State neighbors Minnesota and Wisconsin have many deep similarities, from common territorial origins and common ethnic heritage to a shared early 20th-century radical farmers’ movement. The states used to be closer politically as well, with both states having experienced a run of divided government in recent years. However, with the 2010 elections producing state governments with strongly divergent policy preferences. Minnesota and Wisconsin transformed their political similarity into some fairly striking policy differences.
The states now differ substantially on a variety of policies. In the realm of access to health care, Wisconsin has increased restrictions to reduce the number of residents eligible for Medicaid while Minnesota used the Affordable Care Act to expand its Medicaid pool. In the realm of voting rights, while the Minnesota government authorized an online voter registration system to increase Minnesotans’ access to the ballot box, Wisconsin’s government passed a voter ID law — struck down by both state and federal judges — that the ACLU and other voting rights advocates argued placed a serious burden on Wisconsin voters.
Fittingly for two states whose gubernatorial races were among the top targets for independent spending in 2010, their policy differences also play out in the realm of campaign finance policy.
First, the good news.
In Minnesota, a legislative compromise around raising campaign donation limits will result in inceased access to local campaign finance disclosure. The bill in question, SF 2782, includes both an increase in local campaign contribution limits and new requirements that “all reports required to be filed with the local government under this section [shall be] available on the local government’s Web site, if the local government maintains a Web site.” The bill’s language includes a 30-day time limit by which municipalities must post reports they receive and a requirement that the reports be available on the site for four years. We would ideally like to see even faster posting and longer online record retention, but we nonetheless applaud the state’s government for achieving a landmark campaign transparency — and open data — achievement. In passing SF 2782, Minnesota becomes the first state to require that all municipalities maintaining websites post local campaign finance disclosure, dramatically increasing the local availability of data about campaign contributions across the state.
Minnesota’s government is still contemplating an even greater advance in campaign finance disclosure. Inspired to action by recent Supreme Court decisions which legitimize “independent expenditure” campaign contributions from nonprofits and others, legislators developed a bill, SF 2099, that would require all organizations making independent campaign expenditures to disclose their donors. These provisions would place nonprofit and corporate spending on a more even playing field in terms of disclosure requirements with other organizations currently making political expenditures. As this bill would have serious consequences for organizations that presently use their nonprofit status as a way to avoid disclosing their donors, this bill has received substantially more political pushback and its passage is in doubt.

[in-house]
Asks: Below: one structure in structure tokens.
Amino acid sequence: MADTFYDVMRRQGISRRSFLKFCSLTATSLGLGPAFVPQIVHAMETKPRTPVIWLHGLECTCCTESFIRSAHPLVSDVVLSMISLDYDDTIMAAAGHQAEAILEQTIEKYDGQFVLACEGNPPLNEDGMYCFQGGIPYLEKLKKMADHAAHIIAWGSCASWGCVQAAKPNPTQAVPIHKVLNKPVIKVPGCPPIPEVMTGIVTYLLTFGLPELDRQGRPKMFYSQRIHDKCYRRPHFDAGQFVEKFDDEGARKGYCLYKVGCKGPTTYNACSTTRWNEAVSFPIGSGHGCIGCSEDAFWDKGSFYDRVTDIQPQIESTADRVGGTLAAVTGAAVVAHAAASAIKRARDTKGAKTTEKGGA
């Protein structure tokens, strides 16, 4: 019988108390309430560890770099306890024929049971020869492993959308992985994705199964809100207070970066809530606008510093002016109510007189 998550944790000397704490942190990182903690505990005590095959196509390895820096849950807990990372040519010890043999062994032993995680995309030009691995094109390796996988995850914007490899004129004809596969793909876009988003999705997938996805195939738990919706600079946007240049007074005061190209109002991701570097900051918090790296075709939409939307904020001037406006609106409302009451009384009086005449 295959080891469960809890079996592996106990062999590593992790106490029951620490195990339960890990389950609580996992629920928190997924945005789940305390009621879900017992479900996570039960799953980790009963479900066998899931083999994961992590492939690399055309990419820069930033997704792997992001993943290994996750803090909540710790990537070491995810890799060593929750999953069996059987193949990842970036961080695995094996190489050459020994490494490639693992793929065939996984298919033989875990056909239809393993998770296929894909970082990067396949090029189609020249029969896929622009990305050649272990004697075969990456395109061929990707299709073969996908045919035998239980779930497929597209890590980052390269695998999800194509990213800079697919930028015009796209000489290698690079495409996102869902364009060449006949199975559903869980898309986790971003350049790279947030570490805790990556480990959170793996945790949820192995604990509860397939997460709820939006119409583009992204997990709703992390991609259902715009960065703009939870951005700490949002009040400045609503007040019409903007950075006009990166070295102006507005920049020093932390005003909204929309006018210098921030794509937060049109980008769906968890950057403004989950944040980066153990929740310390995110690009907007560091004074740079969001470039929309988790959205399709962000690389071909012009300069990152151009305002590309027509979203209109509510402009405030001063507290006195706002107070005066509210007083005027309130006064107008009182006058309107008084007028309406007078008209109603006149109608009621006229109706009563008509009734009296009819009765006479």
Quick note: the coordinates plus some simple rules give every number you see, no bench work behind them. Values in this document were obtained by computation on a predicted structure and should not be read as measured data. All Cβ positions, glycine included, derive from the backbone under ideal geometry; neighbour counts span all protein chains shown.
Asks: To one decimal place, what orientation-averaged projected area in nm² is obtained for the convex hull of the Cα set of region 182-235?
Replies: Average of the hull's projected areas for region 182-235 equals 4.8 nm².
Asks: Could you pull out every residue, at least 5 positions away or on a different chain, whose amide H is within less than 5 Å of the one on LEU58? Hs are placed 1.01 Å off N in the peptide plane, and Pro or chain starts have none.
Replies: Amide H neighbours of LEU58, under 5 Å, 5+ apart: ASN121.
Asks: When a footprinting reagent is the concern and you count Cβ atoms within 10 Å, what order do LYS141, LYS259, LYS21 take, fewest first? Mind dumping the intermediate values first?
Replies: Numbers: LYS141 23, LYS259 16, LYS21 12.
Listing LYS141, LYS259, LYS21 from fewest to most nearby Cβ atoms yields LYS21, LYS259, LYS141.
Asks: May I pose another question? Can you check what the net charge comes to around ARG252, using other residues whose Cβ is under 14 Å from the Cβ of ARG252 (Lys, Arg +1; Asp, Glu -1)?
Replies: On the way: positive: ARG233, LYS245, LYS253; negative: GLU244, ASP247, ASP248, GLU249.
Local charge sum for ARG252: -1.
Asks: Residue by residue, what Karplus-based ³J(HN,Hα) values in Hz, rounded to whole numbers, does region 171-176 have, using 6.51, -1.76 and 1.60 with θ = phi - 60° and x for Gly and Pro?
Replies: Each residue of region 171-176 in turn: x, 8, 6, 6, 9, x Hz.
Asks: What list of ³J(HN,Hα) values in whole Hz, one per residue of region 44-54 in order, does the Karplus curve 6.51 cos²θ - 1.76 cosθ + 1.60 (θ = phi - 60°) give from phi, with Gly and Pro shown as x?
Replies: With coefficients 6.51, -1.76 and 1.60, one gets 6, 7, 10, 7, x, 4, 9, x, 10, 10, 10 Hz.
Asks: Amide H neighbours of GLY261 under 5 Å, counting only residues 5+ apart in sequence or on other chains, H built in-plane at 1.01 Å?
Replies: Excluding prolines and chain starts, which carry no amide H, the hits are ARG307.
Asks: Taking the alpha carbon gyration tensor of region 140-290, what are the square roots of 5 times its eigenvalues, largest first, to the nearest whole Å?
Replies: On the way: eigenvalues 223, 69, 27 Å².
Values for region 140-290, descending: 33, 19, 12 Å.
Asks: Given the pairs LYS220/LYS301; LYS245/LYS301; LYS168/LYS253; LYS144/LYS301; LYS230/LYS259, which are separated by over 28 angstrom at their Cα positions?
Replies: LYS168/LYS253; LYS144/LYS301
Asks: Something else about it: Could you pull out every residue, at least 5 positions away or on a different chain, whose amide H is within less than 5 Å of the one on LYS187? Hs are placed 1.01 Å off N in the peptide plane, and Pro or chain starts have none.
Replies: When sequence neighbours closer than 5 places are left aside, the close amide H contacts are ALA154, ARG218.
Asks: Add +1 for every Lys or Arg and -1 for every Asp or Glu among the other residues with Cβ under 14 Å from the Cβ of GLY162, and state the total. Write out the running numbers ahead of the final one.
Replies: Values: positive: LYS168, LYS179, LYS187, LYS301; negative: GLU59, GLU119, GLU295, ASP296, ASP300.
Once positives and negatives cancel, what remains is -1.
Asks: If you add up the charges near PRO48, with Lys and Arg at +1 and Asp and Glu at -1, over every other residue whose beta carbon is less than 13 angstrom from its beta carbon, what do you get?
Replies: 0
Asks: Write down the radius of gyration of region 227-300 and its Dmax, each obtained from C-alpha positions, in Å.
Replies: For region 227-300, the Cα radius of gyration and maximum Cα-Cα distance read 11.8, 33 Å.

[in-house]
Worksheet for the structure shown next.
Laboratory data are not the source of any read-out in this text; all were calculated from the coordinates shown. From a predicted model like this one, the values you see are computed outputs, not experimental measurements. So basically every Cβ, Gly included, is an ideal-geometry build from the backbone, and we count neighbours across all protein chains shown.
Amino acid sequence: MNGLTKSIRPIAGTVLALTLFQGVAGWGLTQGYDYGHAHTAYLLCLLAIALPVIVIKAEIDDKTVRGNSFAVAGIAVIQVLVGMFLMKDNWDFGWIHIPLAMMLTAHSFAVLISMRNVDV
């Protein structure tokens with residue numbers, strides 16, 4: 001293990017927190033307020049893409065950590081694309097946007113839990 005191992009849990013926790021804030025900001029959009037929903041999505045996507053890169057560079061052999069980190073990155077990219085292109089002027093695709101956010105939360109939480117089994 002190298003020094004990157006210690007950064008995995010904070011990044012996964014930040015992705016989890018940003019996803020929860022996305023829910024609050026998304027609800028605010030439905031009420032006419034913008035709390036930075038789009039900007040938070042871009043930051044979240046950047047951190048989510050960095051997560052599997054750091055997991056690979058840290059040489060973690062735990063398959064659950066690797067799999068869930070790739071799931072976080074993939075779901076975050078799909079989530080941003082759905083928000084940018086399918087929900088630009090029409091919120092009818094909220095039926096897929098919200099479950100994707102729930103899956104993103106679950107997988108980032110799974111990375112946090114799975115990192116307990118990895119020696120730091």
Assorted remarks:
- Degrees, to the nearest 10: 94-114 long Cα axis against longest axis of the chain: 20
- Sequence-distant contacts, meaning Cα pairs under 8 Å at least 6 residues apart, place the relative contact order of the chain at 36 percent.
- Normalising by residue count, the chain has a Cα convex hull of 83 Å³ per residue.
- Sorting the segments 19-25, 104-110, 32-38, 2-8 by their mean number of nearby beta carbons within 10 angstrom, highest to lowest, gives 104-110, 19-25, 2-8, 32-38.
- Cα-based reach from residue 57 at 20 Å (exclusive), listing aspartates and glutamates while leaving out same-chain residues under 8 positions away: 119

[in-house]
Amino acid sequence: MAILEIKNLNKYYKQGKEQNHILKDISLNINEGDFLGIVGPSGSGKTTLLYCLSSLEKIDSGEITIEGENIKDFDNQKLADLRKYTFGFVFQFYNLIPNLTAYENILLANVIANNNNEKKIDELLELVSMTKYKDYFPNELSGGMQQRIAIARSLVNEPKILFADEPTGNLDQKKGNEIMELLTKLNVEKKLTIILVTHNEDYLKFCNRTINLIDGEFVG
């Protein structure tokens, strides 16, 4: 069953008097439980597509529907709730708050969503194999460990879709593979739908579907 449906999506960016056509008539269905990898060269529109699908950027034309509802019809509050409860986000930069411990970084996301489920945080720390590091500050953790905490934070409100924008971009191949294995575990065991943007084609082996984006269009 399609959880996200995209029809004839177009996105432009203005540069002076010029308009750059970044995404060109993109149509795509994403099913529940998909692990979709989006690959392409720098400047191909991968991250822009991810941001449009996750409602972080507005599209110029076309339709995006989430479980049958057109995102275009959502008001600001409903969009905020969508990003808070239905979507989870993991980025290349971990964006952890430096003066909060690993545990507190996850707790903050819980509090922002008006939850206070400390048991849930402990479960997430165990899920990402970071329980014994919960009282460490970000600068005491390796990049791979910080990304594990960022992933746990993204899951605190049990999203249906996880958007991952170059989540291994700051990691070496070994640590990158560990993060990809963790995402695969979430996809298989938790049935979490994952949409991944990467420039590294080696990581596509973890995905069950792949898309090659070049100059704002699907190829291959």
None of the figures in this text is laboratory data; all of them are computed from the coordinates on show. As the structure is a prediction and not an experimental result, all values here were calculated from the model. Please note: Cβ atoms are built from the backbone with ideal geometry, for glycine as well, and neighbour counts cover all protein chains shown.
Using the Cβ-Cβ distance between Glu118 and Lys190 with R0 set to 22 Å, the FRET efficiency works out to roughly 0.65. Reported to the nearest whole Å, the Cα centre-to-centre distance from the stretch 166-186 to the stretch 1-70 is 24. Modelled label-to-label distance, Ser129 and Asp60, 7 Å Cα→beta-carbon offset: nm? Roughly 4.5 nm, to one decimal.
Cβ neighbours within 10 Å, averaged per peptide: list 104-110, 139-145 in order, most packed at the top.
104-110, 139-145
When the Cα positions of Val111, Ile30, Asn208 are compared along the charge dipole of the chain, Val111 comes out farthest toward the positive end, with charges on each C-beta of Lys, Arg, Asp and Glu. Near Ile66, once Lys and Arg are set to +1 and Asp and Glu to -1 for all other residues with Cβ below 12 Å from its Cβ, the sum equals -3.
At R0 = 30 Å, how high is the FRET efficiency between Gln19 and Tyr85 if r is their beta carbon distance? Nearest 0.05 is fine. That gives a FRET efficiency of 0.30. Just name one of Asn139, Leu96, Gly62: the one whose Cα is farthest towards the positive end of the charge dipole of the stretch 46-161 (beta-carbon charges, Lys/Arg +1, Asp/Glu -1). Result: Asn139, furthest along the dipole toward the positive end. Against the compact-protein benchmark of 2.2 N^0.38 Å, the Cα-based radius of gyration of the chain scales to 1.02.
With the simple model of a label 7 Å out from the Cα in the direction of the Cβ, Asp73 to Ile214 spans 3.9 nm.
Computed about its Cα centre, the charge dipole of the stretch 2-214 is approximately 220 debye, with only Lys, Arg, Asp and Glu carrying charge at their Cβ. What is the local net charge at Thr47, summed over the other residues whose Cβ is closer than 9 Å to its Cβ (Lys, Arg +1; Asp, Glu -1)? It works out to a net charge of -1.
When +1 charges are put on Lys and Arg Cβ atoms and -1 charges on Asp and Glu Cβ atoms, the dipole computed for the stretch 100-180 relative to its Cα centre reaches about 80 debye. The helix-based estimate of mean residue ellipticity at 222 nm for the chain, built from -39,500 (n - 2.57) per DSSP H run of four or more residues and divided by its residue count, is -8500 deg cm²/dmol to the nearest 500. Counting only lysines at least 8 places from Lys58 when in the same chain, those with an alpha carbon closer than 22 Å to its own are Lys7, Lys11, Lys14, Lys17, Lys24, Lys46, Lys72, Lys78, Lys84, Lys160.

And now for some of the sad news, from the other side of the St. Croix.
Wisconsin has tangled with both sides of campaign finance in the past. It has both been lauded for mandating good practices in campaign finance disclosure, but reports also indicate a history of inadequate enforcement. However, in early May the state made national news for a federal judge’s radical effort to prevent the enforcement of existing campaign finance regulation, potentially ending the possibility of states’ limiting campaign donations in any way.
In his recent ruling in O’Keefe and Wisconsin Club for Growth v. Schmitz et al., U.S. District Court Judge Rudolph Randa aimed to nullify existing campaign finance law that require independent expenditures to be made without candidate coordination. Rather than permit the state of Wisconsin to investigate and document improper coordination, Randa instead applauded the parties being investigated for violating the law, writing that “The plaintiffs have found a way to circumvent campaign finance laws, and that circumvention should not and cannot be condemned or restricted.” He then ordered the evidence from the investigation destroyed, an event that was delayed by a stay from 7th Circuit Court of Appeals.
There is little evidence that Randa was acting out of a interpretation of the case that was widely shared within Wisconsin. Allofthe major Wisconsin newspapers issued editorials opposing the decision, local peers in the legal community were taken aback, and a local political scientist asked for a reaction by Milwaukee reporters was left essentially speechless. The case is being appealed and so we await the next chapter in this story with great interest.
Even if successfully appealed, Randa’s decision — and the existence of loudpublicvoices supporting his argument that campaign finance law is unconstitutional — serves as important evidence of the strong forces working against our right to know who is paying for campaign advertisements.
On campaign finance as in so many other things, two seemingly similar states are on two distinctly different paths. It’s hard not to see in this Upper Midwestern divergence on policy a microcosmic example of campaign finance politics in the country as a whole.
And if that’s the case, which of those paths are we on: the one that leads towards increased sunlight, or increased secrecy?